UNITED STATES, WASHINGTON (OBSERVATORY) — The announcement of Sudan’s first cabinet post-Omar al-Bashir has been postponed again as talks continue on ministers who are supposed to manage the country’s problems during a transition to civilian rule.
Prime Minister Abdullah Hamdouk, a former economist at the United Nations, was due to announce on Wednesday the names of the key ministers in his government, according to the road map announced.
However, he is still in talks to select his cabinet, causing the first meeting between the government and the JMC, which runs the transitional period scheduled for Sunday, to be disrupted.
The prime minister, chosen by the Sovereign Council on August 21 and sworn in as prime minister, received the list of names proposed by the forces of freedom and change on Tuesday and has met with candidates since that day.
The leader of the protest movement Amjad Farid told AFP that “the forces of freedom and change submitted a list of candidates late to the Prime Minister, which led to the delay in the formation of the government.”
The other leader Ibrahim al-Amin stressed that the delay “responsibility of the forces of freedom and change in full” because of “differences” in the protest movement over the candidates.
On Sunday, the protest movement said it had “in-depth and constructive discussions” with Hamdok on Saturday over candidates for the transitional government.
Members of the Sovereign Council, a joint civilian military council, were sworn in on August 21. The Sovereign Council is commanded by a military, and its members are divided between six civilians and five soldiers, and is supposed to rule for more than three years in a transition period that is supposed to lead to an elected civilian authority.
The composition of the Council came under a timetable agreed by the parties to the historic agreement signed between the Military Council and the protest movement on 17 August.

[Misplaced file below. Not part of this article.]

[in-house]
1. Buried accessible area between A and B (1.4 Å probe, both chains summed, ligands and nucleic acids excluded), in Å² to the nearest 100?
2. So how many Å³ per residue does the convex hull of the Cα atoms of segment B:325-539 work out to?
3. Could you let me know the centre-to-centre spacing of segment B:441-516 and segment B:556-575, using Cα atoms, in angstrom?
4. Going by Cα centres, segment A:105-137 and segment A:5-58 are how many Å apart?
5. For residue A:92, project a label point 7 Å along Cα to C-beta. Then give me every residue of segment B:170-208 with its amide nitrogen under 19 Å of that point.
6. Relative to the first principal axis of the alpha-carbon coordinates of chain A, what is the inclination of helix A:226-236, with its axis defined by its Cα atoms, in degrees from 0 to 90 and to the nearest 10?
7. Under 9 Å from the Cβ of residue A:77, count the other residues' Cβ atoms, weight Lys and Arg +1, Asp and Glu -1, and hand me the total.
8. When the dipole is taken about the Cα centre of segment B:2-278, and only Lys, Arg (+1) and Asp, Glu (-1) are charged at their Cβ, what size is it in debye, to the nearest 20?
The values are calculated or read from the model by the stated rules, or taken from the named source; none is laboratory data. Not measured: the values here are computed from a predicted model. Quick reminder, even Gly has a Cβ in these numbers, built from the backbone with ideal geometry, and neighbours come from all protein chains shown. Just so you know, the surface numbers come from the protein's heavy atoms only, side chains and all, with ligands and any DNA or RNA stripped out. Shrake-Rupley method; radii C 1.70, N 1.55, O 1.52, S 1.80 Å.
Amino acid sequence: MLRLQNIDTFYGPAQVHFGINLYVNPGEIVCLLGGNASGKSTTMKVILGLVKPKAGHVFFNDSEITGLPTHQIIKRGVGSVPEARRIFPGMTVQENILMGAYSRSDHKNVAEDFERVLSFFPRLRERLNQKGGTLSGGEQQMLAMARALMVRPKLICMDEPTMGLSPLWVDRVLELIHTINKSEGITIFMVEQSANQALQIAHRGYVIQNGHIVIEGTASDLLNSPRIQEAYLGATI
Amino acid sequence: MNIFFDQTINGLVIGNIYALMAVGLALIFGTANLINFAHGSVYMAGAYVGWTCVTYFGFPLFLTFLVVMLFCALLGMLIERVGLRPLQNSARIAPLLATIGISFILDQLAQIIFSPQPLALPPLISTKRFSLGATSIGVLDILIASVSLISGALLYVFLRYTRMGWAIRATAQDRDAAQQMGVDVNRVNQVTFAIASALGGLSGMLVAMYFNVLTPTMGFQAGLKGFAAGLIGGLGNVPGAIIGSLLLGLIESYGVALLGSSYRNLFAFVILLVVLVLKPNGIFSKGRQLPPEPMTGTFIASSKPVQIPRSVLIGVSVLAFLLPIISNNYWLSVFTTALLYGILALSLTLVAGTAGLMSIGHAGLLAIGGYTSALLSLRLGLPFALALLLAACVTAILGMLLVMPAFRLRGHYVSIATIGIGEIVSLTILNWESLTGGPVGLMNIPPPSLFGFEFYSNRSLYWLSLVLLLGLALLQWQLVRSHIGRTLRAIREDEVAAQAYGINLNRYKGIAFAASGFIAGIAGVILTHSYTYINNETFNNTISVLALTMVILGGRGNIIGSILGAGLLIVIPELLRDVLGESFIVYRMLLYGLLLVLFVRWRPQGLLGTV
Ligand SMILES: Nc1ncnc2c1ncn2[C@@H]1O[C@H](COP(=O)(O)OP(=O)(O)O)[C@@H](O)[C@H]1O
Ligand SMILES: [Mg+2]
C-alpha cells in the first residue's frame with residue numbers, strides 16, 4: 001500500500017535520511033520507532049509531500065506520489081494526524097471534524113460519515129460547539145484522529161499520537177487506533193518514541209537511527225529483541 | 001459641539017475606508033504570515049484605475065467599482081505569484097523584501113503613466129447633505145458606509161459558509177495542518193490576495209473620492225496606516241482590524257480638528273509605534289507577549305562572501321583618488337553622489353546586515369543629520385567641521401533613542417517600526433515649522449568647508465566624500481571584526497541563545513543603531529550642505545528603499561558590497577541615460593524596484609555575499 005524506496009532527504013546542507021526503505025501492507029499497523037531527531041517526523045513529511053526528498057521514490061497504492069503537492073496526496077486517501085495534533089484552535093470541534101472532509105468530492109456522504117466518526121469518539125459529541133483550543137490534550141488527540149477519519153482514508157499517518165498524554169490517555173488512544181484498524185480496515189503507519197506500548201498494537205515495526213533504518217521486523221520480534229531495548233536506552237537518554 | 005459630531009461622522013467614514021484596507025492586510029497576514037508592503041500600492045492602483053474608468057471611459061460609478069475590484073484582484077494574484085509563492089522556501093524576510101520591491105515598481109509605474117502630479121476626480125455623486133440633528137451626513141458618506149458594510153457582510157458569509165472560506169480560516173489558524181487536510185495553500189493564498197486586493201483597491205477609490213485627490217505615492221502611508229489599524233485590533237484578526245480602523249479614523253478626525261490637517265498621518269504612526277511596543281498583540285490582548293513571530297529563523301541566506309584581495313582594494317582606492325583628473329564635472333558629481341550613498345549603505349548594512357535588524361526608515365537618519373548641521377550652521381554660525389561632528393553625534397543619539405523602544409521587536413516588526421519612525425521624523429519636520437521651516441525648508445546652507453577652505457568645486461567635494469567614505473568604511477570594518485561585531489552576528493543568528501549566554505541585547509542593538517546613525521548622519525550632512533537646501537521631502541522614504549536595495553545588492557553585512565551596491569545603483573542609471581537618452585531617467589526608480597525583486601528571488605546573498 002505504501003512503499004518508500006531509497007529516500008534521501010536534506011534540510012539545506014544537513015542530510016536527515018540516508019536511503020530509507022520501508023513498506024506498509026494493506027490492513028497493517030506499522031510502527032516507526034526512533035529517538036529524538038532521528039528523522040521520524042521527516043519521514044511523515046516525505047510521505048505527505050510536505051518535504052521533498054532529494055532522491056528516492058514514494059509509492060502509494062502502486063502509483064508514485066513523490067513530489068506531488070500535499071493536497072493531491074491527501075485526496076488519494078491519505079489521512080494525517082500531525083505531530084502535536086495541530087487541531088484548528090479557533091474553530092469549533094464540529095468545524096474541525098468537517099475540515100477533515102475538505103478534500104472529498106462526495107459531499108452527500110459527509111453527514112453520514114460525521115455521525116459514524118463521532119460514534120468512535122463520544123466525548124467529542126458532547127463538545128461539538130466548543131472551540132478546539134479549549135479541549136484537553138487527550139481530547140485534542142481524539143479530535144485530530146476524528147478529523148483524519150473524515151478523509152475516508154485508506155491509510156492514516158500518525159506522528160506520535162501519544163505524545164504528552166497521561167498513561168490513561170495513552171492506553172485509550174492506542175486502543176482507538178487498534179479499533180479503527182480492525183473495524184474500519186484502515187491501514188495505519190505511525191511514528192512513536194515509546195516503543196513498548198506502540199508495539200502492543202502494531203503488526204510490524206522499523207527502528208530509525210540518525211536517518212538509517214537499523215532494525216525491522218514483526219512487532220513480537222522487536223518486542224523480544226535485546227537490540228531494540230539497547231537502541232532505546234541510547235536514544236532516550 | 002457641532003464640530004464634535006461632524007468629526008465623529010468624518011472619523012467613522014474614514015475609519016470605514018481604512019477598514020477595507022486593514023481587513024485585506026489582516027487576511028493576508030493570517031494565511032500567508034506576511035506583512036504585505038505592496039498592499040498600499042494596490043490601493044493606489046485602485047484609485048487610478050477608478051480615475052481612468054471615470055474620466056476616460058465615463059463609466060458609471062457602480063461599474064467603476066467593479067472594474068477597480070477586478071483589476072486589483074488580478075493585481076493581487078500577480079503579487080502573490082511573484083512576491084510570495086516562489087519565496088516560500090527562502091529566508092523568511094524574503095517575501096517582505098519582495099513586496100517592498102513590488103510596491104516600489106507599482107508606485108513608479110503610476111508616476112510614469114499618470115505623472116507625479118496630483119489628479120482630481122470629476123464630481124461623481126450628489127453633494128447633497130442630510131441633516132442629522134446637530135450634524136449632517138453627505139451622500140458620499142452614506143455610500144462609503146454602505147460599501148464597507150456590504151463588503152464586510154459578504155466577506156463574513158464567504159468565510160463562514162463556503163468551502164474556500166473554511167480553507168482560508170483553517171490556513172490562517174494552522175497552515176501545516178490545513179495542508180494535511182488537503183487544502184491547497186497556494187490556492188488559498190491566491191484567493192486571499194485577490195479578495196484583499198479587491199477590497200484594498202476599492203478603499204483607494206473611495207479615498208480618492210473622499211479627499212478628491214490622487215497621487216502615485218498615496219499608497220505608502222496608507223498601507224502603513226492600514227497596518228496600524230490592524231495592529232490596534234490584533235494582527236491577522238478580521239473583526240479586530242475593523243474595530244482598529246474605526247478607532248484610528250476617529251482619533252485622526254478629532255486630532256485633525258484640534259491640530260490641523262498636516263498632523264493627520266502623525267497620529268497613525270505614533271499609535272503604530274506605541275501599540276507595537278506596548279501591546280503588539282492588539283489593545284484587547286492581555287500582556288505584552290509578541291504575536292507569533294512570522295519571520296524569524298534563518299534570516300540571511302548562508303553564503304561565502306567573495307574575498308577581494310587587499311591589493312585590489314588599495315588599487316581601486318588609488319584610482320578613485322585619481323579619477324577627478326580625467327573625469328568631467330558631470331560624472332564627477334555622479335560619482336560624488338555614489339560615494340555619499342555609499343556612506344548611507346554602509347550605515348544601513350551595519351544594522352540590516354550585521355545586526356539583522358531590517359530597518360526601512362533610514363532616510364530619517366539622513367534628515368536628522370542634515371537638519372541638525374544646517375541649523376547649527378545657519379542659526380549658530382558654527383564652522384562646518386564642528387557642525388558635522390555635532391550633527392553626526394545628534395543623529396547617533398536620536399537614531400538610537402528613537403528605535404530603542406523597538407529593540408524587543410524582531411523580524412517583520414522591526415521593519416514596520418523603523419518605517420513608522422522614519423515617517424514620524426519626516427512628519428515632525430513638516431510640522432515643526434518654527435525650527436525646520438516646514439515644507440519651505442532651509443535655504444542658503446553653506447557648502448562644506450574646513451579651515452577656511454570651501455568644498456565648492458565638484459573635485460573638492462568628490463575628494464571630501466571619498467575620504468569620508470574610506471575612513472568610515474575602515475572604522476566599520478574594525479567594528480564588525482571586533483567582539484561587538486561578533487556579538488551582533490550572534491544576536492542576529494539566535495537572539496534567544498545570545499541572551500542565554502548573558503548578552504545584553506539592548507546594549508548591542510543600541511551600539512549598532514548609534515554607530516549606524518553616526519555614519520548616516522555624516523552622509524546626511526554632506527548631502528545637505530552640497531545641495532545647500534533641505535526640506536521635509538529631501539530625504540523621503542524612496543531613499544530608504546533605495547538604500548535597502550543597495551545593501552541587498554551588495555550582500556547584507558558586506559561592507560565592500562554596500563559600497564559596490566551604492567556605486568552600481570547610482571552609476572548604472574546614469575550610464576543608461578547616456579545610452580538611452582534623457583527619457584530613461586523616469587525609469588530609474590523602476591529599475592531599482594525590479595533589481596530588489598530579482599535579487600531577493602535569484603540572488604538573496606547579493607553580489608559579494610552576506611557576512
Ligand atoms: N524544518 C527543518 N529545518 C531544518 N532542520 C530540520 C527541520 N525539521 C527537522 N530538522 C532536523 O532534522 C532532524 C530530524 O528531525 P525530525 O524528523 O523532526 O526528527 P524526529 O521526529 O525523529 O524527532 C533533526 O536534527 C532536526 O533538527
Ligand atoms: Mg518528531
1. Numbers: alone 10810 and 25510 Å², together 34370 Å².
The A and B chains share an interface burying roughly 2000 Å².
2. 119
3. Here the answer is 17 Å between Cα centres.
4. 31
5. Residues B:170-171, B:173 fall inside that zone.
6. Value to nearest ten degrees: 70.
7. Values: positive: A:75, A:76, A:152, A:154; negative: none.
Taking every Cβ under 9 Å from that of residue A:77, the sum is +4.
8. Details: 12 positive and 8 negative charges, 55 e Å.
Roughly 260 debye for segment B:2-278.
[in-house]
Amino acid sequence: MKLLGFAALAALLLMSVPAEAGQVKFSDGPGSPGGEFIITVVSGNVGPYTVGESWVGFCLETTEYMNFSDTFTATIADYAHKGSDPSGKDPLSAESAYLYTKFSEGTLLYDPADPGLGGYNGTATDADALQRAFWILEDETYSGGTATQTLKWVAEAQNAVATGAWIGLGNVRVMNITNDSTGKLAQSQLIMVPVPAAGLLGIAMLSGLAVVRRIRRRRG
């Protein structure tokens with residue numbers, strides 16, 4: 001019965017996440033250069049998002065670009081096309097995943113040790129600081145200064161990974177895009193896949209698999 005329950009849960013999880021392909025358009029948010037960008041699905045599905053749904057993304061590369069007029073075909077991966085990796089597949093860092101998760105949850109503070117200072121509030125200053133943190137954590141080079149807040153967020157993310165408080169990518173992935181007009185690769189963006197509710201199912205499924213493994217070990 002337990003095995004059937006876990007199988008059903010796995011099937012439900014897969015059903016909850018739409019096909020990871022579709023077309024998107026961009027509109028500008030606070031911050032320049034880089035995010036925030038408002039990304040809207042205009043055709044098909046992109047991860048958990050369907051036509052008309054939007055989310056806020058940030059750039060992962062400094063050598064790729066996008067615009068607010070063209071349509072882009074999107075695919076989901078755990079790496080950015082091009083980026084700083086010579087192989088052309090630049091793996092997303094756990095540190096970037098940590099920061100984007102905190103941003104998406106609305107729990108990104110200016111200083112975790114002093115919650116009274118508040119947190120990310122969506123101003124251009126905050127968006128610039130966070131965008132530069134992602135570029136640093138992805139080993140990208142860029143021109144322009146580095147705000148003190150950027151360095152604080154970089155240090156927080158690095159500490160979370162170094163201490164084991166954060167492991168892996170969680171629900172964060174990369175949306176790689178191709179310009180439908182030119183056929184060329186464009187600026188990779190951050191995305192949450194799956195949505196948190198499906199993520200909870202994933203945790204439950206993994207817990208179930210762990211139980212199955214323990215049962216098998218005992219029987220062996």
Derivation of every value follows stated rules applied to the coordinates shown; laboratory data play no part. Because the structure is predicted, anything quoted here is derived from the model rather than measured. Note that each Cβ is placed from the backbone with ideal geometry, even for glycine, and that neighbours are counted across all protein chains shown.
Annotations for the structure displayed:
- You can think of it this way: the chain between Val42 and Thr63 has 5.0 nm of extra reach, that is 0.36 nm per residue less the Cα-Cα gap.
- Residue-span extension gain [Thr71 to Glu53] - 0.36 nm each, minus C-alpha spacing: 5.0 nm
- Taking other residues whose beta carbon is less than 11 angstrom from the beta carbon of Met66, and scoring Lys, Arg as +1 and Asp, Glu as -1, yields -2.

The agreement provides for the formation of a legislative council within 90 days of signing the agreement.
The Legislative Council, which will consist of a maximum of 300 members, will be formed by 40% of women. The forces of freedom and change will make up 67% of parliament, while the rest will go to other parties, provided they are not linked in any way to former President Bashir.
– “negative effect” –
Under the agreement, the government is supposed to consist of at least 20 members chosen by Hamdok, with the exception of the interior and defense ministers to be appointed by the military in the Sovereign Council.
Al-Amin said that delaying the government’s announcement would “certainly have a negative impact” on slowing the transition.
This is not the first dilemma facing the transition after decades of authoritarian rule in Sudan.
The announcement of the members of the Sovereign Council was delayed by two days due to differences in the protest movement camp.
Last week, Hamdok, who worked for international and regional organizations and served as Deputy Executive Secretary of the United Nations Economic Commission for Africa in Addis Ababa, confirmed that he had received 49 candidates for 14 ministerial posts.
A source close to the prime minister told AFP on Sunday that “discussions are underway for the final list.”
Hamdouk said earlier that he would choose technocrats ministers based on “competence” to lead Sudan to face the major challenges, including ending internal conflicts.
Armed movements in marginalized areas, including Darfur, South Kordofan and Blue Nile, have waged years of war against government forces.
The power-sharing agreement provided for an end to these conflicts.
On Saturday, four rebel movements in Darfur said they would “negotiate with the transitional authorities with a unified vision” without giving details.
The Hamdouk government is expected to fight rampant corruption as well as to dismantle the deep-rooted Islamist movement during Bashir’s 30-year rule.
Bashir, 75, is being held in Kober prison in Khartoum shortly after his ouster.
On Saturday, a court in Khartoum charged him with illegal possession of foreign money.
This article is written and prepared by our foreign editors writing for OBSERVATORY NEWS from different countries around the world – material edited and published by OBSERVATORY staff in our newsroom.
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